Chapter Two: Putting the Word Out
I'll summarize the rest of our conversation. A lot of what Susan Storm told me about her brother never made a lick of difference in finding him, anyway.
Johnny had been an Air Force pilot, once upon a time, but hadn't stuck with it. He loved motorcycle stunt riding, and she thought he was extremely good—I allowed for sisterly bias there—but he had never gone professional. He liked hanging out at nightclubs and practicing lines on attractive women. He was childishly impulsive sometimes, and a shameless practical joker. He tended to get reckless when he was infatuated with something or someone, but those infatuations never seemed to last (except where flight and motorbikes were concerned).
She swore he had no criminal record beyond the inevitable speeding tickets and similar chicken feed. Then she solemnly assured me that it was very rare for Johnny to set a building on fire, and it was always an honest-to-goodness accident, so no charges were ever filed. She sounded sincere. I bit my tongue before Stop making excuses for him could slip out. After all, she was paying me for a search; not for psychotherapy. I guess soft-hearted ladies are always ready to give their brothers the full benefit of the doubt. (I ought to know; I have two sisters of my own!)
She didn't know of any friends or relatives he might be staying with, or even in contact with, here in the Bay Area.
Finally we exchanged phone numbers and she left. Then I got to work.
Once upon a time, a PI might've run all over town and personally showed a snapshot to every bartender he could find if he wanted to crack this sort of case.
Time marches on. I put the photo of the wayward brother in the scanner and created a digital copy. Then I sent it to everyone I know in the Bay Area who is willing to read my emails without sharing them with the cops or the press. Sometimes one of those people even responds. Sometimes the response is actually helpful. Sometimes another person wants the rest of our informal network to keep eyes and ears open for someone or something. Anyway, it saves a lot of shoe leather.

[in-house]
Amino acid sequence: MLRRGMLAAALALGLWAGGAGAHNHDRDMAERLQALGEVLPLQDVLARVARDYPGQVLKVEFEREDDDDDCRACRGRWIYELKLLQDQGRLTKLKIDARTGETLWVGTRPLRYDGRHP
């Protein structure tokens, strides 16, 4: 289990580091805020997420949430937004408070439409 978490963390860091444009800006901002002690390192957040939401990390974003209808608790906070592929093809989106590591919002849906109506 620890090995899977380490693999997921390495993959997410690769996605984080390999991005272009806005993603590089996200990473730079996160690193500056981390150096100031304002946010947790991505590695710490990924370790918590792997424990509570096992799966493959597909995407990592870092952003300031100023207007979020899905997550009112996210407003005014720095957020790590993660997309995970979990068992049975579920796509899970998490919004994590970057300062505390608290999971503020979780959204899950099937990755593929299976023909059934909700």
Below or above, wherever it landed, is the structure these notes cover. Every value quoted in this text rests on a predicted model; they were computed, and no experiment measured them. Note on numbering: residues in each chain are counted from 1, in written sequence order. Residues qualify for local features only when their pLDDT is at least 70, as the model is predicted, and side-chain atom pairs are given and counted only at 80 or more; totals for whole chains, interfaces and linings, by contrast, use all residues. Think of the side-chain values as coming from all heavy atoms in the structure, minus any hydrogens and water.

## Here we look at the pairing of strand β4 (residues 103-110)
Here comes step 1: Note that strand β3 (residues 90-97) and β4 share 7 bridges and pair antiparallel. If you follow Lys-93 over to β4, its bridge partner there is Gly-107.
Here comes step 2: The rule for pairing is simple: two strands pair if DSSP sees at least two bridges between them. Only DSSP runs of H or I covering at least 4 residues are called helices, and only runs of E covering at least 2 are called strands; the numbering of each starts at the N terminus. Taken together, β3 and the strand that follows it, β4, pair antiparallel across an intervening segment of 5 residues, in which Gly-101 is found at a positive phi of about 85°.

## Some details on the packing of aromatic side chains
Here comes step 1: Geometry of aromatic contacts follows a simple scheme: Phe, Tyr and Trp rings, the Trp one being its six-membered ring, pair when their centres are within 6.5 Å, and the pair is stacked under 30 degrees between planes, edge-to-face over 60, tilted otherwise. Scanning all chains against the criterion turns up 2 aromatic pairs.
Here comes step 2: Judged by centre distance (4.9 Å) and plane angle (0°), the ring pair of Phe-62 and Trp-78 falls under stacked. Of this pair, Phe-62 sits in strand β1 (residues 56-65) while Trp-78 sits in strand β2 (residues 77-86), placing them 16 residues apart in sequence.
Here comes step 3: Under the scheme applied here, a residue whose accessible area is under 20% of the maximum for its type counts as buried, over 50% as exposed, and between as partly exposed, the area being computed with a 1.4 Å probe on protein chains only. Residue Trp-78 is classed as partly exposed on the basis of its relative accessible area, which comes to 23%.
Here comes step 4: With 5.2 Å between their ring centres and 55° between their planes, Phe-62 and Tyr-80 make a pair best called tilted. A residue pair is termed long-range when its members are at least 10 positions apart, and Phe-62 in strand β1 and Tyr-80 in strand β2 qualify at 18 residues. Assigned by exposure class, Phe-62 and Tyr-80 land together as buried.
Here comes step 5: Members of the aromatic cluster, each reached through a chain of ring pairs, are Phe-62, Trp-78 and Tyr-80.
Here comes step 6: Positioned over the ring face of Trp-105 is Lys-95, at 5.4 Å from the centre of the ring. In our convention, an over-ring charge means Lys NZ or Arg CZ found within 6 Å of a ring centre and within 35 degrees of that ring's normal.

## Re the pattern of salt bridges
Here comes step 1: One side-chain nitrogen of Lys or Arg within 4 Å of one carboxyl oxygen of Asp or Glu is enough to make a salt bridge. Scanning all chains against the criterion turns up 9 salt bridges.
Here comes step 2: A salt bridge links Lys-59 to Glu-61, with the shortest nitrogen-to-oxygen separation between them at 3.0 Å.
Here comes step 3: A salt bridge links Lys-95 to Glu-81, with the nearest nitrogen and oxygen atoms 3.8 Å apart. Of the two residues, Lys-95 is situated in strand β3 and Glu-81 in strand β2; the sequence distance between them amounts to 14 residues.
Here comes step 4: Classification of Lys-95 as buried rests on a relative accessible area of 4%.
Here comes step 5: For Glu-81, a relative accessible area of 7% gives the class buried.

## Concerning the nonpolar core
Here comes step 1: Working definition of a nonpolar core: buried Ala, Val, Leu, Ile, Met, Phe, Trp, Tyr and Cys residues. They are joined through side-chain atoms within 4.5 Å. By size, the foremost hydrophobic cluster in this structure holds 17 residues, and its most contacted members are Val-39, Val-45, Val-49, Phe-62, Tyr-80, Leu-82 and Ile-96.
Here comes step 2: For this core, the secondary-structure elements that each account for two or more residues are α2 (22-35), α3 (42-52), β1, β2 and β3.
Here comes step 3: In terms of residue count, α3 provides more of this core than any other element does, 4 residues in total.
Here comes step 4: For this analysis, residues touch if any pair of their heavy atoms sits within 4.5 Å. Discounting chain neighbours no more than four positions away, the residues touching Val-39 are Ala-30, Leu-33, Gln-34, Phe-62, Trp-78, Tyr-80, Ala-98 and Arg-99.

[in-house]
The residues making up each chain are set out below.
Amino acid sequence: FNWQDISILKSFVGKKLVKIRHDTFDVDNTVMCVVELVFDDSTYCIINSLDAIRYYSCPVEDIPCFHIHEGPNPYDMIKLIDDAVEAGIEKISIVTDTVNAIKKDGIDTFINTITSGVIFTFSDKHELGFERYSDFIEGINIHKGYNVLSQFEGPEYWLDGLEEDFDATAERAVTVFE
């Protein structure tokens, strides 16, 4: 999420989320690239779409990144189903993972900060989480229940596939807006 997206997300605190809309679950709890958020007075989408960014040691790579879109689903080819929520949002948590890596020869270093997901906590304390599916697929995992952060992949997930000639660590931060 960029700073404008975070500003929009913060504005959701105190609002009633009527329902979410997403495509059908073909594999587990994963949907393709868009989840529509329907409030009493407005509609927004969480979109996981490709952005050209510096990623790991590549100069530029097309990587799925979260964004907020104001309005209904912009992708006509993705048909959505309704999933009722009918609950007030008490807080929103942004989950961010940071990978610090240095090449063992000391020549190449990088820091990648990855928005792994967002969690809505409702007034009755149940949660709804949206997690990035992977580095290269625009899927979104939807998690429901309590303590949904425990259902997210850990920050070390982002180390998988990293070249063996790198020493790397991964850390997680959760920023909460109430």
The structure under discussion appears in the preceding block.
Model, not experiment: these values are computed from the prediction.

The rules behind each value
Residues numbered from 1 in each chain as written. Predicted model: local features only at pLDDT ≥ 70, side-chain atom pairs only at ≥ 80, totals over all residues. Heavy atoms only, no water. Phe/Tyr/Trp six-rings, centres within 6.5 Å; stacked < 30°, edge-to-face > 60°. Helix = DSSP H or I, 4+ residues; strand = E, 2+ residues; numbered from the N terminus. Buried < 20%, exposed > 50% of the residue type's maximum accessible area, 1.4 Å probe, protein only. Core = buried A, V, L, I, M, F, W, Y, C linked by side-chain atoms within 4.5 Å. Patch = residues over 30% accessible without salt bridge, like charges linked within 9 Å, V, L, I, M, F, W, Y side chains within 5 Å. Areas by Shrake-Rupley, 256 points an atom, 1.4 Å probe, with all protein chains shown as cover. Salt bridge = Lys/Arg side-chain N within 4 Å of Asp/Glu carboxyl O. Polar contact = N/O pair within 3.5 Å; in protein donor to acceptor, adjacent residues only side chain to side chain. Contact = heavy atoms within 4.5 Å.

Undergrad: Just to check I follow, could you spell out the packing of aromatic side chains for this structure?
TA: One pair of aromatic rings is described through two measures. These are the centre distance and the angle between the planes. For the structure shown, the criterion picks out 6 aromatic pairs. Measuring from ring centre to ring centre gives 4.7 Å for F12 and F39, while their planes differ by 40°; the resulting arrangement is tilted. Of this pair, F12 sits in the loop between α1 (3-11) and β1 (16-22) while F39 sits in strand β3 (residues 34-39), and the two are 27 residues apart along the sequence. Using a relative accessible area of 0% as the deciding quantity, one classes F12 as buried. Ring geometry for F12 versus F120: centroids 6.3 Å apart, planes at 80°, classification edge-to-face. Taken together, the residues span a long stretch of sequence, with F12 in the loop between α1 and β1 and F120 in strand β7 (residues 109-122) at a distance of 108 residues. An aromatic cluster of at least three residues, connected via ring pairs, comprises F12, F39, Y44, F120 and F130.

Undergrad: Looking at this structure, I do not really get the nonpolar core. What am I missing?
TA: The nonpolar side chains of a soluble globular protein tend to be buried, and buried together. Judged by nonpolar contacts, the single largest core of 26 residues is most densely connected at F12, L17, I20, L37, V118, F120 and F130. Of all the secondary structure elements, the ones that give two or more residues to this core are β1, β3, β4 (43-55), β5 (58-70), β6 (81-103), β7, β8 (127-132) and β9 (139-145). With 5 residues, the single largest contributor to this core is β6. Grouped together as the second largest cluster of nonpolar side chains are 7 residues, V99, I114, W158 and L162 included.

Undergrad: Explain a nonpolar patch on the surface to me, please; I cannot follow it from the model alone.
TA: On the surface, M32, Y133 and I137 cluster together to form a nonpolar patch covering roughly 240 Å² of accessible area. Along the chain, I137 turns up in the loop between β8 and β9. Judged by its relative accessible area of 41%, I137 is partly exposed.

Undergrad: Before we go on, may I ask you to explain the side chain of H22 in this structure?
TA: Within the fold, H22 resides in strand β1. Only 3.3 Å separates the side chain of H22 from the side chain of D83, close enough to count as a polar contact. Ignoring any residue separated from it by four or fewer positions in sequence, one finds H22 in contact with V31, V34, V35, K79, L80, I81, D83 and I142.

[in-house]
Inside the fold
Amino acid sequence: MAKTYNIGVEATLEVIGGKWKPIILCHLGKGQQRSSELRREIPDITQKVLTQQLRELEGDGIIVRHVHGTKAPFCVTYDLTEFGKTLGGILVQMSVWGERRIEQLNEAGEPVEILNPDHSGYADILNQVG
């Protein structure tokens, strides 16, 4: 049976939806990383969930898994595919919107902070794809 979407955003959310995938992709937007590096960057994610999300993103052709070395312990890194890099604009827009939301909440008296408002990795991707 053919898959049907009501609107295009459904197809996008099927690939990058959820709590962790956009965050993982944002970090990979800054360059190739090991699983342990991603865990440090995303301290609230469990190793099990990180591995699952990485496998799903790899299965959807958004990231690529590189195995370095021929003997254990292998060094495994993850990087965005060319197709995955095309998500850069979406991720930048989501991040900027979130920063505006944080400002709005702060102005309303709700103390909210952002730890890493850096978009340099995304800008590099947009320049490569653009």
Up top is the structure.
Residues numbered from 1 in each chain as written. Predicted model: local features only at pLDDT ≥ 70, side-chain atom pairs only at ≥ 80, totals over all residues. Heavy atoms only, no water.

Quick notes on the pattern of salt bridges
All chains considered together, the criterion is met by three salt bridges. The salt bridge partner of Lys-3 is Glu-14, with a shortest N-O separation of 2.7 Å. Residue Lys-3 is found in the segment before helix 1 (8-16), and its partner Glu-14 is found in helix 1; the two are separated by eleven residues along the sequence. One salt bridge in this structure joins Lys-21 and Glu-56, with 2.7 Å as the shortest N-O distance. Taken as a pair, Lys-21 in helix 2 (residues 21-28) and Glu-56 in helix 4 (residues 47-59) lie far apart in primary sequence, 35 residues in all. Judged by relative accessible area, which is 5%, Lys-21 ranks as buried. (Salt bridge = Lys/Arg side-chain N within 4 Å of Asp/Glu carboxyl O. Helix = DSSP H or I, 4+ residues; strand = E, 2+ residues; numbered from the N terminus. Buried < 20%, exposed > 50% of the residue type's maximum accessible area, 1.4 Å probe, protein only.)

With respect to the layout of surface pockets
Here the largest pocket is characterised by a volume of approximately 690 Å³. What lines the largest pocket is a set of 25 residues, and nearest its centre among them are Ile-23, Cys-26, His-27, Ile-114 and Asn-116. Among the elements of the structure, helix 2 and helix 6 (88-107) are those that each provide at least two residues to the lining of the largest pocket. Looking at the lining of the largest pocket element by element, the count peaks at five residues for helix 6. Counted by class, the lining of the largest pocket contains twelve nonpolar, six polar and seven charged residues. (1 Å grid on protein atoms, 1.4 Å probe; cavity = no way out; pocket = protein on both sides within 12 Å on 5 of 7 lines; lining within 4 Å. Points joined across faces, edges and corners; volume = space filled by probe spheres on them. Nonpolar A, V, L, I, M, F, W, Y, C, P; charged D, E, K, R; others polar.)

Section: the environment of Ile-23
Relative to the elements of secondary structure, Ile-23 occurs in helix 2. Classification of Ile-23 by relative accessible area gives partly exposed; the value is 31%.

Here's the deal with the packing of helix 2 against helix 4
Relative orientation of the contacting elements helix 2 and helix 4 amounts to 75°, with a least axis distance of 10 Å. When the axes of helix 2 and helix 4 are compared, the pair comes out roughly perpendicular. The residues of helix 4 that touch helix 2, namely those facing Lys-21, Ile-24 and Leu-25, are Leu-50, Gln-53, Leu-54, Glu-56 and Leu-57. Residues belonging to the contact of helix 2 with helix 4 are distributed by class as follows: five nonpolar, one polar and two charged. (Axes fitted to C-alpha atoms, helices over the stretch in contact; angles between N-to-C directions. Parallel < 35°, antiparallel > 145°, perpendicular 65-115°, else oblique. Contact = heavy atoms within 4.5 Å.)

My message just said this was a young man whose family was a bit worried about him. No names, of course—Ms. Storm wouldn't like it, and besides, if her brother hadn't used his credit card for a week, it was likely he wasn't using his right name.
Once I had sent the email, I had to find a way to kill time. Sitting in my office waiting for someone to reply was not what I could call "working hard and earning money." I decided to take a long, late lunch break. From two to four o'clock, I was out of the office. While I was out, I used some of Susan Storm's money to pay off my late fees at the video store and the public library. I also stopped at the bank to deposit a lot of it and trade the last couple of hundreds for tens and twenties.
When I came back to the office, three answers had piled up in the old Inbox. One was hopeless—"I think I saw his picture in a biker magazine last month, or was it the month before?"—and the second was a bit fresher, but still not likely to lead me to Johnny Storm's current location. "Looks like a fellow I saw in a hardware store on Hyde Street, six days ago."